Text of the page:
This post was slated for Thursday, but the time got away from me. That means this is White Cane Day +2 ;).
I’m going with an educational post today, and there’s a reason for that. October 15 is White Cane Day, and last year I did a post about the history of the modern white cane and its use in the Daredevil comic, complete with plenty of panels from the archives. So, I thought I’d make the educational angle something of a tradition on this particular day.
As I think I’ve mentioned before, I knew little about blindness before becoming a Daredevil fan, or at least not much more than the average person. The same goes for my knowledge of braille, the topic of this post. Sure, I knew the basics, that is that it was a tactile system of reading consisting of raised dots, and that it had been created roughly two hundred years ago by the blind Frenchman Louis Braille. That was about all I knew. Over the last two years, since starting this blog, I’ve had the opportunity to learn much more. Not because it’s in any way vital to what’s happening in the Daredevil comic (where references to braille are few and far in between), but because I’m one of those people who are easily fascinated by anything remotely interesting.
Most people probably have at least a passing familiarity with the story of Louis Braille, the inventor of the writing system that bears his name. What most people probably don’t realize is how long it took for braille to be recognized, or even accepted, and what other methods were used in the instruction of the blind at the time.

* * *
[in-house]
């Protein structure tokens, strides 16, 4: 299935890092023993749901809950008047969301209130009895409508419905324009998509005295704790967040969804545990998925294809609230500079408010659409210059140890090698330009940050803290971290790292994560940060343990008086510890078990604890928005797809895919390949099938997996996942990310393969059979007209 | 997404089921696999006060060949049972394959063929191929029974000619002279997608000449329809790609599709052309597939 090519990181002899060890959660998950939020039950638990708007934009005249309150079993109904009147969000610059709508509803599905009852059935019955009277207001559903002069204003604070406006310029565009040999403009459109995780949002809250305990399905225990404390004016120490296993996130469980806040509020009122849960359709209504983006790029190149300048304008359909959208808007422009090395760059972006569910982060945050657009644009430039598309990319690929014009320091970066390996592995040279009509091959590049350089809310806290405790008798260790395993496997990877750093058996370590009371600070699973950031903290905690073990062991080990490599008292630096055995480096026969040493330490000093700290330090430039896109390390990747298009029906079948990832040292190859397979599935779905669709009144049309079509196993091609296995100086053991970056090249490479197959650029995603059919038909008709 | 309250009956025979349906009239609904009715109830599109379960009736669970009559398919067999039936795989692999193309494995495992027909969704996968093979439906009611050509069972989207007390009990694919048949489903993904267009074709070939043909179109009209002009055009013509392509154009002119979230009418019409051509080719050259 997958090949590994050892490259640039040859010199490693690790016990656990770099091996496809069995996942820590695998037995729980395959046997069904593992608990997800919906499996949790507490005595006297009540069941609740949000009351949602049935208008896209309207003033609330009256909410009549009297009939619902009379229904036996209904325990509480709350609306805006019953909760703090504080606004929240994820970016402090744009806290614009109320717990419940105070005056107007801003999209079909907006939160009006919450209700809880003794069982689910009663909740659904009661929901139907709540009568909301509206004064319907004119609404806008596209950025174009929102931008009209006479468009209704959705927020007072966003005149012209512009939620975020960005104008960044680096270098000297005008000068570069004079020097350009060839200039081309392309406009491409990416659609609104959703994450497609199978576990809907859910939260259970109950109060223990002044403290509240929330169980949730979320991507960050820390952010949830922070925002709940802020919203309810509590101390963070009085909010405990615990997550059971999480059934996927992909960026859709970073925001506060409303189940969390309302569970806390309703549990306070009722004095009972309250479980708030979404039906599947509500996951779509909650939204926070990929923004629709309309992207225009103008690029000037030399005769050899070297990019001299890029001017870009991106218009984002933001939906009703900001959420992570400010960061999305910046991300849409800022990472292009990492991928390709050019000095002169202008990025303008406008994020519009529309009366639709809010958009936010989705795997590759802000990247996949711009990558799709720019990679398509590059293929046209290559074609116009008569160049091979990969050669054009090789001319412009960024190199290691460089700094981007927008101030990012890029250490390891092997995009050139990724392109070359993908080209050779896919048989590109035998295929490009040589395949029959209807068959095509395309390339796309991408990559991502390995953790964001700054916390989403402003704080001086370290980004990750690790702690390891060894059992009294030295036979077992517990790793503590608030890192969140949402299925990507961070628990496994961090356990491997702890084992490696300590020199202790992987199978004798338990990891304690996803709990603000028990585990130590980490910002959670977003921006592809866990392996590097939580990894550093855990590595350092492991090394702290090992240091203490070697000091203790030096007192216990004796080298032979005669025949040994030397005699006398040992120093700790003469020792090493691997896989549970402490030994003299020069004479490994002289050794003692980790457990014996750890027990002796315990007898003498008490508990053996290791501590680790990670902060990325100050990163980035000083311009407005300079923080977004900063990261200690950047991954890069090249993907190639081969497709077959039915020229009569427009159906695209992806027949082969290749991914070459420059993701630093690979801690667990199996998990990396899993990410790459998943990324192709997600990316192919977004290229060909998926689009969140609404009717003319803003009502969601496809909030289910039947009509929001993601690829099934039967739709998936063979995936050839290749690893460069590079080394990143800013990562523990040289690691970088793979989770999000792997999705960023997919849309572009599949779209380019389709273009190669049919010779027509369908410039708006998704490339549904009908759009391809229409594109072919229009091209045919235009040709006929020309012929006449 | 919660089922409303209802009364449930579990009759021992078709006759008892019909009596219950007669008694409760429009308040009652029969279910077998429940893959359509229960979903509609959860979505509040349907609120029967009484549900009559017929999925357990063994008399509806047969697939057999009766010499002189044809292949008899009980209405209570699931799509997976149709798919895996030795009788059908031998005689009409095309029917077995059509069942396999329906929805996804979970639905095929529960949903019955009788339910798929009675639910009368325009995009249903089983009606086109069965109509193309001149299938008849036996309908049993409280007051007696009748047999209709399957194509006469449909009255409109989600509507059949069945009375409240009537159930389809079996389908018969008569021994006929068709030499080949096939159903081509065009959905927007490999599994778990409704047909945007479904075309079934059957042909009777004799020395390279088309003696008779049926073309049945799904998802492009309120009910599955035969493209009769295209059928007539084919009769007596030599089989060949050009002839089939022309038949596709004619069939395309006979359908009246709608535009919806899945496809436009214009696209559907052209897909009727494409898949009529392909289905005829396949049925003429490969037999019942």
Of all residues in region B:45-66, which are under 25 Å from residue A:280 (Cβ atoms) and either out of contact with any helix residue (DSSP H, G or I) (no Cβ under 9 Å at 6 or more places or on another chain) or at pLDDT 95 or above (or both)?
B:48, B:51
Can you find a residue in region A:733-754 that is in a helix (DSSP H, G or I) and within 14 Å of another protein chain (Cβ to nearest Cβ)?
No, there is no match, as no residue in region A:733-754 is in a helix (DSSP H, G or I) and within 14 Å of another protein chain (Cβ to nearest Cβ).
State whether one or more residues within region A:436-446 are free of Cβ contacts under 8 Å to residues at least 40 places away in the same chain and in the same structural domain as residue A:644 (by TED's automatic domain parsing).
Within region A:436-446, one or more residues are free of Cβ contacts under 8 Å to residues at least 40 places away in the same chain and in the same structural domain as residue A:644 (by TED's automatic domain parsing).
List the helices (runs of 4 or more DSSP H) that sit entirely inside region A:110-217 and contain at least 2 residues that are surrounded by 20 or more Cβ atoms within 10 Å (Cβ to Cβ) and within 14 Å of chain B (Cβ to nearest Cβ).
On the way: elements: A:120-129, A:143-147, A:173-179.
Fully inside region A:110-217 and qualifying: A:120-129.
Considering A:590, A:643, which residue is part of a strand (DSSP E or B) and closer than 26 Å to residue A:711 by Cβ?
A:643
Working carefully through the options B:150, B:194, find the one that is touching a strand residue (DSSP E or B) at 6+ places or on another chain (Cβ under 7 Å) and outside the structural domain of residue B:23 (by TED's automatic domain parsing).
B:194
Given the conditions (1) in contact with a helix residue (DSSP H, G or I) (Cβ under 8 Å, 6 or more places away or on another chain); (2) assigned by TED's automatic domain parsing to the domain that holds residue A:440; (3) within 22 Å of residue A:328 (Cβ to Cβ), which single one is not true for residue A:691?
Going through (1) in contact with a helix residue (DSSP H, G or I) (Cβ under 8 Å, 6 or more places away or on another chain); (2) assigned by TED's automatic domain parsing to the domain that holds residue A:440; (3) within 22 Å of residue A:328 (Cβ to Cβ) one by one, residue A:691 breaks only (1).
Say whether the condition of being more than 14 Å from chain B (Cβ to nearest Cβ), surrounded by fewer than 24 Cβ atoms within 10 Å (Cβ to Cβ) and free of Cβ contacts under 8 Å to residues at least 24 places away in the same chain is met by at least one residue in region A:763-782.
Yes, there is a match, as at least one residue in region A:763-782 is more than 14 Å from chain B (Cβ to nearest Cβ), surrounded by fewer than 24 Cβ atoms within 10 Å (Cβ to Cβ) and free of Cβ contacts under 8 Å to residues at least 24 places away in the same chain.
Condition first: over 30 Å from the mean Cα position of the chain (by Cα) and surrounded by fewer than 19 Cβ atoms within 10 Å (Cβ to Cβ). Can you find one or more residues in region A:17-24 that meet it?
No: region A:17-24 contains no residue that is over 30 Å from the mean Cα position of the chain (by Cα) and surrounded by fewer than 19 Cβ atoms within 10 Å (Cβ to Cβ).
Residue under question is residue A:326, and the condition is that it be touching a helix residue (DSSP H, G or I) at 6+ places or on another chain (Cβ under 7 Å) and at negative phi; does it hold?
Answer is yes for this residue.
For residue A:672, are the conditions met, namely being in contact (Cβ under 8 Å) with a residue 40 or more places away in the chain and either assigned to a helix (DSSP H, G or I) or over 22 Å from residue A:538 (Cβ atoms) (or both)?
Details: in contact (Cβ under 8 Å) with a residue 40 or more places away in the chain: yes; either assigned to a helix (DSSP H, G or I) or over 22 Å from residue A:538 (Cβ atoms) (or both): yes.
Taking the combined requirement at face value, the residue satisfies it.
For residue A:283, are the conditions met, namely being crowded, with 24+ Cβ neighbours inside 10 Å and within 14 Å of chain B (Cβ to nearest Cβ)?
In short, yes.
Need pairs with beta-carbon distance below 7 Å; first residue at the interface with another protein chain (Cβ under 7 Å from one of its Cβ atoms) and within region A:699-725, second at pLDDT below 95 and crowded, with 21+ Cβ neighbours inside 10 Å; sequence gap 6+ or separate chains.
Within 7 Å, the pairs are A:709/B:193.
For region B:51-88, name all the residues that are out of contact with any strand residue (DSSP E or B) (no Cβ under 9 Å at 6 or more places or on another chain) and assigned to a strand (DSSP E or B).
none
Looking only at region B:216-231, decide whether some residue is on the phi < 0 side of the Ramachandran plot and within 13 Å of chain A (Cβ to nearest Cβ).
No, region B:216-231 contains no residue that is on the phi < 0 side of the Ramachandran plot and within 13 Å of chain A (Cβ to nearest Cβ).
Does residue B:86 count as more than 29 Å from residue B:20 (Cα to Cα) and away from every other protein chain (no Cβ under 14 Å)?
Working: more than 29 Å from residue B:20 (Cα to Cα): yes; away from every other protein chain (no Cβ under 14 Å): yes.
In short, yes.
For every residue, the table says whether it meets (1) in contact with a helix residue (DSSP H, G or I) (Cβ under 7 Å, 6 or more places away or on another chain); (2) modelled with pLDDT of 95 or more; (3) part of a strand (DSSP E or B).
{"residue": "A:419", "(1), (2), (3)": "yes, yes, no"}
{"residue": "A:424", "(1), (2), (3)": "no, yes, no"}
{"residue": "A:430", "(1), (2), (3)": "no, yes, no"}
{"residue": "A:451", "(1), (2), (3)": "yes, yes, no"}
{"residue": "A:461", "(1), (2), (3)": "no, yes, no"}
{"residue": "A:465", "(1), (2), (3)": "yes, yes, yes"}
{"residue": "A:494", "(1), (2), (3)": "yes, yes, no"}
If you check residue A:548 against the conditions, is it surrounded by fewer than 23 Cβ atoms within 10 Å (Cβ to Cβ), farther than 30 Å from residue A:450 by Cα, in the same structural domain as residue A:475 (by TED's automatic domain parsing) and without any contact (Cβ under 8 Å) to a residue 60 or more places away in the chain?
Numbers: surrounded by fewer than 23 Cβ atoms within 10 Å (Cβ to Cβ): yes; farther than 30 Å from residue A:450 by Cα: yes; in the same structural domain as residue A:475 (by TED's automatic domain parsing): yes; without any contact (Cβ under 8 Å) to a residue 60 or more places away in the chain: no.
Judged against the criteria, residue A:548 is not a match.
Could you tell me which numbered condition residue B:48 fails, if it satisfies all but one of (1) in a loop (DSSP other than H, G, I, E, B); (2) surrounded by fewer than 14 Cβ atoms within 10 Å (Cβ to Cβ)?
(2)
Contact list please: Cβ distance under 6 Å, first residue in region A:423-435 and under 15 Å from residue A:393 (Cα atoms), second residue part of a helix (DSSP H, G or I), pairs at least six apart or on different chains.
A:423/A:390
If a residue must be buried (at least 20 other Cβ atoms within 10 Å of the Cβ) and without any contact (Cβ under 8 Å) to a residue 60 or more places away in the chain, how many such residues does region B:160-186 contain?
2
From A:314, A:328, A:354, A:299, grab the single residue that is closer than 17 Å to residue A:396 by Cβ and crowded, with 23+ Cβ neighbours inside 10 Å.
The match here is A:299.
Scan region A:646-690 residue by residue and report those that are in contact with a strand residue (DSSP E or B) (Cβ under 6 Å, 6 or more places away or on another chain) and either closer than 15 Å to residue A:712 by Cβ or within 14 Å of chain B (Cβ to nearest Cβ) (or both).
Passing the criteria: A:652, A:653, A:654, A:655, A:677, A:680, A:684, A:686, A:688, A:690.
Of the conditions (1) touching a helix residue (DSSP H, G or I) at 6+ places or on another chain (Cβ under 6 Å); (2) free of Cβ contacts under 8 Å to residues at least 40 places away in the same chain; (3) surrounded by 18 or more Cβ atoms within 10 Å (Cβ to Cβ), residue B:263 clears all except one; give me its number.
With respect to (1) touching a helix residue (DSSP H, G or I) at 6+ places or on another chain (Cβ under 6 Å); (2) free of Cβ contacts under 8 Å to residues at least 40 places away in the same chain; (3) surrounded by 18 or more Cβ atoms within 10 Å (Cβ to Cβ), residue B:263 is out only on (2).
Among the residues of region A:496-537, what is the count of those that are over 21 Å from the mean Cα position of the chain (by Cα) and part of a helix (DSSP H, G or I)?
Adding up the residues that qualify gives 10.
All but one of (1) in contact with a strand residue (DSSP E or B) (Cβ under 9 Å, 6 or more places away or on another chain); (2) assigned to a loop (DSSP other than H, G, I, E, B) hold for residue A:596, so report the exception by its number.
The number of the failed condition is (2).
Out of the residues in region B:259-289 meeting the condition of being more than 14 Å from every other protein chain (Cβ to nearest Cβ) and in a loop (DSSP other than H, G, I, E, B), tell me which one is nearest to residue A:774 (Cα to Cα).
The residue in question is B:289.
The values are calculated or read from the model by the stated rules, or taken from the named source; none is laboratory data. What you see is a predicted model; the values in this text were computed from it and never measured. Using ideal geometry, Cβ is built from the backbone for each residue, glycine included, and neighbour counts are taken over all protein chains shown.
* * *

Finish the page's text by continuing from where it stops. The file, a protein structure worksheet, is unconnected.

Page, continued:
Louis Braille was born in 1809 and became blind gradually at the age of three, following an accident in his father’s workshop. While this accident left him without any sort of superpowers, it is clear from what we know about his life that he had intellectual abilities that would rival those of even the most ingenious of supervillains. After having very successfully attended the local school for sighted children in his home town, something which would have been highly unusual at the time, young Louis was sent to the school for the blind in Paris in 1819, at the age of ten.
The school itself, founded by Valentin Haüy (more on him later) in 1786, had seen its share of ups and downs during the political turmoil which characterized France for decades following the French Revolution. When Louis arrived, the school was run by the ophthalmologist Dr. Guillié who not only ran it like a sweatshop, but reportedly used his students for questionable medical experiments. His one saving grace may have been his interest in music which lead the school to have an excellent music program. The buildings, however, were poor, the food lousy and the mortality rate among the students was very high. Still, Louis Braille managed to adapt well to life at the school and quickly made many lifelong friends among his fellow students.